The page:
Published online Sep 28, 2011. doi: 10.3748/wjg.v17.i36.4130
Revised: April 15, 2011
Accepted: April 22, 2011
Published online: September 28, 2011
AIM: To determine the seroprevalence of anti-hepatitis A virus (HAV) antibodies in patients with chronic liver disease (CLD) and to justify the need for hepatitis A vaccination.
METHODS: Patients (n = 119) were enrolled between July and September 2009. The diagnosis of CLD was based on the presence of viral markers for more than 6 mo. The diagnosis of liver cirrhosis was based on clinical, biochemical and radiological profiles. Patient serum was tested for anti-HAV IgG.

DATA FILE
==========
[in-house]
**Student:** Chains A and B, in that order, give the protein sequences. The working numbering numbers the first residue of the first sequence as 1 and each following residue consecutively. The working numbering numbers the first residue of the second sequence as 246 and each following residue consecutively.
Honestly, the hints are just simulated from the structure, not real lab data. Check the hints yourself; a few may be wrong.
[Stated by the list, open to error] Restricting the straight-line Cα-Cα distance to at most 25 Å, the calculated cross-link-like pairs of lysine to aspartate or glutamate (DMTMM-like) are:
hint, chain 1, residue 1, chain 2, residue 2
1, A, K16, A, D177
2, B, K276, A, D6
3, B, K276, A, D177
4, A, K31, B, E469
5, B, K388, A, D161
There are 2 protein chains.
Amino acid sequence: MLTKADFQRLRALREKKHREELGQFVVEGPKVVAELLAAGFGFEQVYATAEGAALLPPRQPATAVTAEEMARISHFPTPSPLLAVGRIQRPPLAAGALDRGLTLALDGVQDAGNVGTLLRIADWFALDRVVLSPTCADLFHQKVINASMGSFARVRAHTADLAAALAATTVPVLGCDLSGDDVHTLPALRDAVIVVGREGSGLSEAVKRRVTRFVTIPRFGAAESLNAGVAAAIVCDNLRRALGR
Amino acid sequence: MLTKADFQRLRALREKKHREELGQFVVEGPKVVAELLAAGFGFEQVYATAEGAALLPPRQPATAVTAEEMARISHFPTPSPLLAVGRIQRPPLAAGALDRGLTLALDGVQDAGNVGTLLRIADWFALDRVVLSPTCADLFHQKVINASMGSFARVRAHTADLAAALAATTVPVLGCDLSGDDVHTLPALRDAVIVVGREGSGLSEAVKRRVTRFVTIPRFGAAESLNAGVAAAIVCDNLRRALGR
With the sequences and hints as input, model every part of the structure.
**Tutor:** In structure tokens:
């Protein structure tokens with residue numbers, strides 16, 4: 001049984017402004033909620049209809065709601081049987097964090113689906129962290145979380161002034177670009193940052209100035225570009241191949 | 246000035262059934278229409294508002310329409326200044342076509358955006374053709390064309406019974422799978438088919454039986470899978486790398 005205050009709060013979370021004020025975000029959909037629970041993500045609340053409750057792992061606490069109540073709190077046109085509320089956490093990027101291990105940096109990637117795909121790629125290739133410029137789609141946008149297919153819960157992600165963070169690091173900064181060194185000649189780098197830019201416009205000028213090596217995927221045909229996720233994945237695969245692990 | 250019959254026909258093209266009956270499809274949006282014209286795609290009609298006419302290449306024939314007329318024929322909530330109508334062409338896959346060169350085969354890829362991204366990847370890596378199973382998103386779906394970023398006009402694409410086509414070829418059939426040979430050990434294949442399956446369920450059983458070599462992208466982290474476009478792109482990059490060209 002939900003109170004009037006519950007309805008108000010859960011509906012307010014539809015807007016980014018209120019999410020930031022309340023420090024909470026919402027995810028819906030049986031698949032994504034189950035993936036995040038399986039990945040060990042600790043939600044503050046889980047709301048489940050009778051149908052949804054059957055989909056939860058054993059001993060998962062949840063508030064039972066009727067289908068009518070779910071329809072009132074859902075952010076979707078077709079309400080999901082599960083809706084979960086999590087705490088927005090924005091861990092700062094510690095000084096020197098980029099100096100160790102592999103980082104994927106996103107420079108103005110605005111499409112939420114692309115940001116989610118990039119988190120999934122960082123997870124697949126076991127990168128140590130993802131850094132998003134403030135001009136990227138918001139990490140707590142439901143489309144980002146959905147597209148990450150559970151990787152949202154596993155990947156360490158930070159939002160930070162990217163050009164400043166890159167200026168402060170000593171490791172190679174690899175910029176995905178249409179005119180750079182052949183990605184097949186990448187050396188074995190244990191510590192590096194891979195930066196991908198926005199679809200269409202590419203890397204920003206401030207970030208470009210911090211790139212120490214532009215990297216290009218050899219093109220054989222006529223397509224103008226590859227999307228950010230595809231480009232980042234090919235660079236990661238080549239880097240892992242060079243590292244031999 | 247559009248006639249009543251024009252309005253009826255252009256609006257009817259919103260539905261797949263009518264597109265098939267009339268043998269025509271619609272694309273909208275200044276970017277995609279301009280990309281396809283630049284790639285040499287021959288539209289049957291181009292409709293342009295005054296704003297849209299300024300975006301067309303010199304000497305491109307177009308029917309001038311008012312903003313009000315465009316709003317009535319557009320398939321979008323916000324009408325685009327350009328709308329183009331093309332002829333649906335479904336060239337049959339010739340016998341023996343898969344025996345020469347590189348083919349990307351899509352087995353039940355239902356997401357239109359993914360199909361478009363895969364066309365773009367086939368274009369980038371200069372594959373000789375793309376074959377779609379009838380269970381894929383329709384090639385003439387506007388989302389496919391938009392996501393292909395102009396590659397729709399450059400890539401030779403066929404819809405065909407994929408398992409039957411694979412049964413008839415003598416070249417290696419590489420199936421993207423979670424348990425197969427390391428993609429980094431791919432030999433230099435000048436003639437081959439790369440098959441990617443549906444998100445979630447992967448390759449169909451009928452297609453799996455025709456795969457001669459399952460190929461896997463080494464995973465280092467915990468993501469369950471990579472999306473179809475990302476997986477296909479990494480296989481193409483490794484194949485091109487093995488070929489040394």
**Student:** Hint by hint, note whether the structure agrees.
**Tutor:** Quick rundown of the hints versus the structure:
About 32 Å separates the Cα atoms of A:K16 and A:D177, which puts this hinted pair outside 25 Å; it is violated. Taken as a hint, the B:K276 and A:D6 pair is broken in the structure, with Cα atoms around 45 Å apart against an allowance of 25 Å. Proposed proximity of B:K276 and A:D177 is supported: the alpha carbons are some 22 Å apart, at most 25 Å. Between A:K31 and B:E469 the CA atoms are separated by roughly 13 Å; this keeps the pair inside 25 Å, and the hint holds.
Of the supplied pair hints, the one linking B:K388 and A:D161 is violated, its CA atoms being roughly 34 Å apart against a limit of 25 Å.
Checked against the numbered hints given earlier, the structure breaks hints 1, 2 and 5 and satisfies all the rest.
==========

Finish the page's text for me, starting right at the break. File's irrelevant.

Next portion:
RESULTS: The overall anti-HAV seroprevalence was 88.2%. The aetiology of CLD was hepatitis B in 96 patients (80.7%) and hepatitis C in 23 patients (19.3%). Mean age was 44.4 ± 14 years. Patients were grouped according to age as follows: 24 (20.2%) patients in the 21-30 years age group, 22 (18.5%) in the 31-40 years age group, 31 (26.1%) in the 41-50 years age group, 23 (19.3%) in the 51-60 years age group and 19 (16.0%) patients aged greater than 60 years, with reported seroprevalences of 66.7%, 95.5%, 93.5%, 91.3% and 94.7%, respectively. There was a marked increase of seroprevalence in subjects older than 30 years (P = 0.001).
CONCLUSION: Our study demonstrated that patients aged greater than 30 years of age were likely to have natural immunity to hepatitis A. Therefore, hepatitis A vaccination may not be routinely required in this age group.